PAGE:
My cable internet connection is running slow


Today my cable internet connection started getting squirrely - It suddenly takes a loooonnnng time to load a page, and I frequently get the message "can't find server" or something to that effect. I can view most pages, though slowly, but it is nearly impossible to get the browser to load my hotmail. And when I finally do manage to get to my email after several tries, I have not been able to send an email out without getting the can't find server message. (I generally use IE for that, since hotmail is not compatible with Netscape).

I have checked thoroughly for viruses and worms, taken everything but three programs out of the load at startup lineup, and turned the cable modem off and on a couple of times. No help.

Yesterday my computer was freezing up a great deal, but that seems to be better today. I know there's a software conflict somewhere, but don't know how to figure it out. For now, I'd just like to be able to get the cable problem figured out.

Thanks for your help. This is a good website and a GREAT service!



This question was answered on October 29, 2004. Much of the information contained herein may have changed since posting.

Update your system files using Windows Update

In Windows XP Home Edition, you must be logged on as a computer administrator to install components or modify Automatic Updates settings In Windows XP Professional, you must be logged on as an administrator or a member of the Administrators group If your computer is connected to a network, network policy settings might also prevent you from completing this procedure.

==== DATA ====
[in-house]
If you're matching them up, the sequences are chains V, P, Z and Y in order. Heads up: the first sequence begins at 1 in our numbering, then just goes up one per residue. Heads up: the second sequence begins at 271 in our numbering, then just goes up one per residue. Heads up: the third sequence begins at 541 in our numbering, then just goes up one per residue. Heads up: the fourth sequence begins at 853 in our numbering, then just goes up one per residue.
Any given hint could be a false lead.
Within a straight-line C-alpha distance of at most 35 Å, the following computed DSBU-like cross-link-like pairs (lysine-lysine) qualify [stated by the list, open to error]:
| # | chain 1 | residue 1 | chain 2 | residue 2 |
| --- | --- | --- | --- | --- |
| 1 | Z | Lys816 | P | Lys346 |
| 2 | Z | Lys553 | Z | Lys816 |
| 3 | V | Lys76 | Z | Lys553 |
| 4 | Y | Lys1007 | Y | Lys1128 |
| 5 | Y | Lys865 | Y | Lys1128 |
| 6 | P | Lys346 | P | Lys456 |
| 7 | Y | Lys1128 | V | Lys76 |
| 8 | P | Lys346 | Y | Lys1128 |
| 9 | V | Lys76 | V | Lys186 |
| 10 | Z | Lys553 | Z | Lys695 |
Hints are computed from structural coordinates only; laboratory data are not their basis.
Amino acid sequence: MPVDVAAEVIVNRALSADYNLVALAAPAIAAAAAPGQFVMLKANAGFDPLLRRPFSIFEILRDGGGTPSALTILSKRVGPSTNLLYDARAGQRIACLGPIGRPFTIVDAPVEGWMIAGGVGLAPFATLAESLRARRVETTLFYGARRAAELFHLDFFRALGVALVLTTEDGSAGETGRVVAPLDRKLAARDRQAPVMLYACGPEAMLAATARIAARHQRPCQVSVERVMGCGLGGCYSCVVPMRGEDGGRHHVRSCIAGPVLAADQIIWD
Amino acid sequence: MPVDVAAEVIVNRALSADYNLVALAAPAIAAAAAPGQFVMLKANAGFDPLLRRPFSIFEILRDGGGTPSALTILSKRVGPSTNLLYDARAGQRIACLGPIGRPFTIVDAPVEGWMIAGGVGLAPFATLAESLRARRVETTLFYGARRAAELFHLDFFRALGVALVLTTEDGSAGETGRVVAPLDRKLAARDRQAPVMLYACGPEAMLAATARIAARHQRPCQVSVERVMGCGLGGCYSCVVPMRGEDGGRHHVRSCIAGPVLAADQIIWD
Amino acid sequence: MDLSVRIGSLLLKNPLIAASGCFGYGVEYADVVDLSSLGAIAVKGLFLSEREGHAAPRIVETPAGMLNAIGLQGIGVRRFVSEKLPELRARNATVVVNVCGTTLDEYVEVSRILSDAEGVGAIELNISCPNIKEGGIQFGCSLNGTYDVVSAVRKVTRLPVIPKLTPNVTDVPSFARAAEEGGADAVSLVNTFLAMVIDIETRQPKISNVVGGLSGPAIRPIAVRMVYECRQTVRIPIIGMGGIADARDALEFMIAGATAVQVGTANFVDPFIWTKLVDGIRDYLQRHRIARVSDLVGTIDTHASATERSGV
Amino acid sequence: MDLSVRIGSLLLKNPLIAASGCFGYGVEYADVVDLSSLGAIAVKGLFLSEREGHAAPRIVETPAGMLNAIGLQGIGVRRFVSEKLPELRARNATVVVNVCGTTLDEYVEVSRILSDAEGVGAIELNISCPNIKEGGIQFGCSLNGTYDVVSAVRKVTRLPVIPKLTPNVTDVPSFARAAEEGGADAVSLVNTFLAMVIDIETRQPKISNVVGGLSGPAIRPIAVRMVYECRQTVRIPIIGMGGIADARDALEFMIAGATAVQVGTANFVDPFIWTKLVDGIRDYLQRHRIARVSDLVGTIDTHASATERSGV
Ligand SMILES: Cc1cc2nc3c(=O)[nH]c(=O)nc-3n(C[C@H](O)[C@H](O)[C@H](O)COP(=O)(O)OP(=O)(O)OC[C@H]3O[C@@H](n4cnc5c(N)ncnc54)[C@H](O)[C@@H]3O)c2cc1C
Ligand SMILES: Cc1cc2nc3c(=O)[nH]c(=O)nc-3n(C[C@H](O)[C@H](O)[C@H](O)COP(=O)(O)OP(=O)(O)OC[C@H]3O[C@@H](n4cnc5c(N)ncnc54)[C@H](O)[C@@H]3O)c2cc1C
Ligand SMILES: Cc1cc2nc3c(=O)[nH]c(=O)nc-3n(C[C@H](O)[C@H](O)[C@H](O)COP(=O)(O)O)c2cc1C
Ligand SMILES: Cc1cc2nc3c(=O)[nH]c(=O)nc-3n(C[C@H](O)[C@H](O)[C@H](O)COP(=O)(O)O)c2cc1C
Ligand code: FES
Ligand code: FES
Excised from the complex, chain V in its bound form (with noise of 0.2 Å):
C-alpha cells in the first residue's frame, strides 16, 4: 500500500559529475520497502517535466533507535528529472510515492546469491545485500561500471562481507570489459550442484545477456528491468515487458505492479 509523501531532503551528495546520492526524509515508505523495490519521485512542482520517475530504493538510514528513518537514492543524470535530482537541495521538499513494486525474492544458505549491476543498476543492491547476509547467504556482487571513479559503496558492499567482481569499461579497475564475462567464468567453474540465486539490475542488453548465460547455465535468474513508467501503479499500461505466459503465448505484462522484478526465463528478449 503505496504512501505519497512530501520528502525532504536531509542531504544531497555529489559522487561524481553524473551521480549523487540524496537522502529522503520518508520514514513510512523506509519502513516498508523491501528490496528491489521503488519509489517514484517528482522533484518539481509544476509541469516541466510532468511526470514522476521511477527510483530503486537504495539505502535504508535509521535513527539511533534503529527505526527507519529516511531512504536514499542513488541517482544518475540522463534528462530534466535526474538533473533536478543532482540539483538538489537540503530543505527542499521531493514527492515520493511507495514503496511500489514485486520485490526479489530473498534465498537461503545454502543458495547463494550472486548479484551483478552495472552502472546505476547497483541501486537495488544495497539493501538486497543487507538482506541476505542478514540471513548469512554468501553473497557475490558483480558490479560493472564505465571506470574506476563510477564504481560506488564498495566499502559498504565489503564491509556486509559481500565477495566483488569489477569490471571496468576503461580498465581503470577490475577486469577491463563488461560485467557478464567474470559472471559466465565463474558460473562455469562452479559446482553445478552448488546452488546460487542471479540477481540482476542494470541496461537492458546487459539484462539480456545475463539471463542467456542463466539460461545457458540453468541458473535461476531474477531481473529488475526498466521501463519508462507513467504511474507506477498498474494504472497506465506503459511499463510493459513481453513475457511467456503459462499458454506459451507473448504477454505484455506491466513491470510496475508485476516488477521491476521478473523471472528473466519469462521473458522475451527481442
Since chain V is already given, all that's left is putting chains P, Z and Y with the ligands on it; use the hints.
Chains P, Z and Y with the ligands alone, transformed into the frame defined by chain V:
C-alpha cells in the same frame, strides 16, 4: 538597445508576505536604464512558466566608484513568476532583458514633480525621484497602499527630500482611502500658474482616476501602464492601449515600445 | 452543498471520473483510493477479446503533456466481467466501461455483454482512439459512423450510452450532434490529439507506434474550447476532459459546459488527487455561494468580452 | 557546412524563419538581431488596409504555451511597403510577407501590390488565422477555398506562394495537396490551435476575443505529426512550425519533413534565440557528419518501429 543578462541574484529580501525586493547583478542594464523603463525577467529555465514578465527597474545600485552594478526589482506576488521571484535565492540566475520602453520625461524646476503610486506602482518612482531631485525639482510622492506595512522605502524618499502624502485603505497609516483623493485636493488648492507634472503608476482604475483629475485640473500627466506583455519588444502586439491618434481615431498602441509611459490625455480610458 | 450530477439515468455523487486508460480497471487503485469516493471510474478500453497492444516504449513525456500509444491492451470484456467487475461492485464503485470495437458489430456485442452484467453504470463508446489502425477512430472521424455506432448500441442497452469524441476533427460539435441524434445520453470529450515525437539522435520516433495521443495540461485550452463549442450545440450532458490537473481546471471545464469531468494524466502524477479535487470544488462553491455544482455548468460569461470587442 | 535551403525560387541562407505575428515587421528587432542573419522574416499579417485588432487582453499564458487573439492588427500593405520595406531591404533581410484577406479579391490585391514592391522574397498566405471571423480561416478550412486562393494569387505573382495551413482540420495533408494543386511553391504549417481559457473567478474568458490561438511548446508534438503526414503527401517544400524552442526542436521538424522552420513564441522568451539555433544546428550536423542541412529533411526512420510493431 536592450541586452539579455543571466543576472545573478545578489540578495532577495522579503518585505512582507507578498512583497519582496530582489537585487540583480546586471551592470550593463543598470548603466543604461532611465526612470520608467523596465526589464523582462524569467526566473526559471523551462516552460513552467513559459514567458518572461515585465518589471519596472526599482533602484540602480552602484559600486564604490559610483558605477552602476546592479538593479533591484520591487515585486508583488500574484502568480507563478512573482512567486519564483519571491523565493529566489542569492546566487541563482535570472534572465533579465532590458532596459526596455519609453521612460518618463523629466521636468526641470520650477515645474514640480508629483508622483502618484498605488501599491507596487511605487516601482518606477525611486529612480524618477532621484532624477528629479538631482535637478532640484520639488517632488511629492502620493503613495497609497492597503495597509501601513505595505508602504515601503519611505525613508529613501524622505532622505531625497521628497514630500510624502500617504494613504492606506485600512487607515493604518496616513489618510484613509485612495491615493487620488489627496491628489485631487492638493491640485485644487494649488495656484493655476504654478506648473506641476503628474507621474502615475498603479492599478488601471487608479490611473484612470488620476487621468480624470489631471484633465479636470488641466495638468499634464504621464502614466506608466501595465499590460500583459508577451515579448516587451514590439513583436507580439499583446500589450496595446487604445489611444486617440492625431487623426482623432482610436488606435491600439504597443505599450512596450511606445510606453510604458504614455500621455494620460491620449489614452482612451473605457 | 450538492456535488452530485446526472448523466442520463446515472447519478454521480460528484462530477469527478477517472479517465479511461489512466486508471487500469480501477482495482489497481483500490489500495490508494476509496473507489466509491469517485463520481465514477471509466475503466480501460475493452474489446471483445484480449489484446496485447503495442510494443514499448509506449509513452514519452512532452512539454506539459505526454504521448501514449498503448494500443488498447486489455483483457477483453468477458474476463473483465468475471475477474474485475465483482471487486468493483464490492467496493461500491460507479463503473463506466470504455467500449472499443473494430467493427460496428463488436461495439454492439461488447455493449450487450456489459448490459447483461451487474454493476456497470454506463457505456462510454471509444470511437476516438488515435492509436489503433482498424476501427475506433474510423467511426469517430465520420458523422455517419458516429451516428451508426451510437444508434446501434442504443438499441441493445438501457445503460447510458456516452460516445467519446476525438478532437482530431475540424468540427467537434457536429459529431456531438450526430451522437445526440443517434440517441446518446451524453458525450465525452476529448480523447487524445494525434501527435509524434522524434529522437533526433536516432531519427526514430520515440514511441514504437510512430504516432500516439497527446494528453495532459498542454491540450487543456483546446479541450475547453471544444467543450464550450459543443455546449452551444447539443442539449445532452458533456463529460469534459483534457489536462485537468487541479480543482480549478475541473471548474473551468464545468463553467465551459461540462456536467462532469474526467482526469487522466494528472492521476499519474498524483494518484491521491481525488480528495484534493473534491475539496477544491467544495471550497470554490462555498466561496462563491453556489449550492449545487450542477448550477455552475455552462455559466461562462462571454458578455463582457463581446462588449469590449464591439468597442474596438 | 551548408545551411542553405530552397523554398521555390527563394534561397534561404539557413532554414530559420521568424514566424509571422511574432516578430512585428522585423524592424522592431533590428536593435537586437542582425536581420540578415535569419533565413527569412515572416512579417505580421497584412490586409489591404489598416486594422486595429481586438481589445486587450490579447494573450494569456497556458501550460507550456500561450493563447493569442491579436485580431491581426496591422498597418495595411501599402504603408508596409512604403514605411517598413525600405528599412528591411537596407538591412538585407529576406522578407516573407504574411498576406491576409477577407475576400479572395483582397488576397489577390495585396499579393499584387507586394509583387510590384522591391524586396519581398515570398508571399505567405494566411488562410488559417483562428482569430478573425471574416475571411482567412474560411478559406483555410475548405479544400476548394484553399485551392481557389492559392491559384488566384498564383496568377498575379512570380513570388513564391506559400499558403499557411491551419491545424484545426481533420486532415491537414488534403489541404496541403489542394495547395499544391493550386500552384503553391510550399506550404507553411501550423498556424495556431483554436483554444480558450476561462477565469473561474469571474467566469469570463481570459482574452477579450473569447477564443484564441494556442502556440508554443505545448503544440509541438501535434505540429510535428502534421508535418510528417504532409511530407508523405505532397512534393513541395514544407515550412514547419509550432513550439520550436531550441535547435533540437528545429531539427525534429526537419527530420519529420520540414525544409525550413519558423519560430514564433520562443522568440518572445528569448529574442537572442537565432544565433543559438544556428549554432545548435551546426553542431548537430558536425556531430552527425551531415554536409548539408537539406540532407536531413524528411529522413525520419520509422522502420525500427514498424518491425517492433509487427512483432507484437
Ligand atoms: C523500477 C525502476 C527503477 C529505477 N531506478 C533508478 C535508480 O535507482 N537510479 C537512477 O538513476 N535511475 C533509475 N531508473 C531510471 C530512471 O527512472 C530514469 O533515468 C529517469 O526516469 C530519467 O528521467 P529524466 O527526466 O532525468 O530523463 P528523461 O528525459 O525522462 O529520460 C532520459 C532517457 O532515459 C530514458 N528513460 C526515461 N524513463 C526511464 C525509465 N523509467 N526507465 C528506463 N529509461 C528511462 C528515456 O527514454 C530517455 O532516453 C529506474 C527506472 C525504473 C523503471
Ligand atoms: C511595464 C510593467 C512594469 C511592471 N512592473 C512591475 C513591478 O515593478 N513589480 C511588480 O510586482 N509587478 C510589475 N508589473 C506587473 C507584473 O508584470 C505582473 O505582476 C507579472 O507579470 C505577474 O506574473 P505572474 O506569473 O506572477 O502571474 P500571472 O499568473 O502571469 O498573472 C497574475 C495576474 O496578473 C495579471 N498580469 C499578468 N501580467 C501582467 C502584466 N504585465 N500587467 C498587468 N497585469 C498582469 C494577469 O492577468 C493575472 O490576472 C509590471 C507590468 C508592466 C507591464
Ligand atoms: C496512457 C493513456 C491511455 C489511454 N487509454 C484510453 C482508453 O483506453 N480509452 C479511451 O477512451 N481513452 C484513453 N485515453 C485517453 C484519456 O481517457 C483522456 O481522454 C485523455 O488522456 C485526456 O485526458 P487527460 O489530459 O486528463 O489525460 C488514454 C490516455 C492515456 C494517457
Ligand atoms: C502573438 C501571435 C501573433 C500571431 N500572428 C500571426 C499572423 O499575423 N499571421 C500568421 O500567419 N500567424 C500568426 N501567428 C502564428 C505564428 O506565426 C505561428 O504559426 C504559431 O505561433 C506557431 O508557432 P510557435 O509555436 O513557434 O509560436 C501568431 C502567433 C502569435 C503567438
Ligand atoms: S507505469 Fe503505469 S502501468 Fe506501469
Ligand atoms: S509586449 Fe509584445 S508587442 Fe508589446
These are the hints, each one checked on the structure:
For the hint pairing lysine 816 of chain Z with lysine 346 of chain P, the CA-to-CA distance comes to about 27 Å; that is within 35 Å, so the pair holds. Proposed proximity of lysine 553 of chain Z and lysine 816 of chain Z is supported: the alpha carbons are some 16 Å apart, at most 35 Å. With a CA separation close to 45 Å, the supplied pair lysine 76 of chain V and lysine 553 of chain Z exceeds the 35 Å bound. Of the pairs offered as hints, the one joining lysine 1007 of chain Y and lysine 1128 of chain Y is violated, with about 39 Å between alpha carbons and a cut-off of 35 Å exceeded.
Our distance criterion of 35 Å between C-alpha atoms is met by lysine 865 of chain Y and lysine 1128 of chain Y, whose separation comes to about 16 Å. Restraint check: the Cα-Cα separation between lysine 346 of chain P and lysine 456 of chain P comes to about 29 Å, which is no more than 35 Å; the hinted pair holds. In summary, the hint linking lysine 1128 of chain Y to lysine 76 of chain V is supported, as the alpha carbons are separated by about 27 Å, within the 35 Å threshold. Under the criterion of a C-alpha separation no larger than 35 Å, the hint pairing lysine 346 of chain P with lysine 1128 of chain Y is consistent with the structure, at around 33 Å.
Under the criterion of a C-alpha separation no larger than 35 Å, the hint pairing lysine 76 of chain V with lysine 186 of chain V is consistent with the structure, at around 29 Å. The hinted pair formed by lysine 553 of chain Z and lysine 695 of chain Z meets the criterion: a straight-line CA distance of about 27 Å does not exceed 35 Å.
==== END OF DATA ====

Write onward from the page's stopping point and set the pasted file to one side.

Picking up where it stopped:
Windows Update is a catalog of items such as drivers, security fixes, critical updates, the latest Help files, and Internet products that you can download to keep your computer up-to-date.

Open Windows Update in Help and Support Center

On the Windows Update home page, click Scan for updates

Click Yes when prompted to install any required software or device drivers


Windows Update scans your computer for outdated system files and lets you replace them with the most recent versions

Set up a firewall

The Internet is a necessity for many people today but it also opens the door to unwanted communications That's why — as a first line of defence — you should consider a firewall as a necessity.

Software firewalls, such as the Microsoft Internet Connection Firewall built into Windows XP Professional, protect only the computer they're running on A good backup defence to hardware firewalls, software firewalls on their own cannot protect your entire network To enable a firewall on a machine running Windows XP:

Click Start

Click Control Panel

Double-click Network Connections then right click on the connection you use for Internet access

Select Properties, then click the Advanced tab

Select Protect My Computer and network by preventing access to the Internet

Click OK

If you don't have Windows XP, you can purchase a commercial software firewall such as McAfee's or Symantec's.

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Posted by gilbert of Katharine Gibbs School - New York on October 29, 2004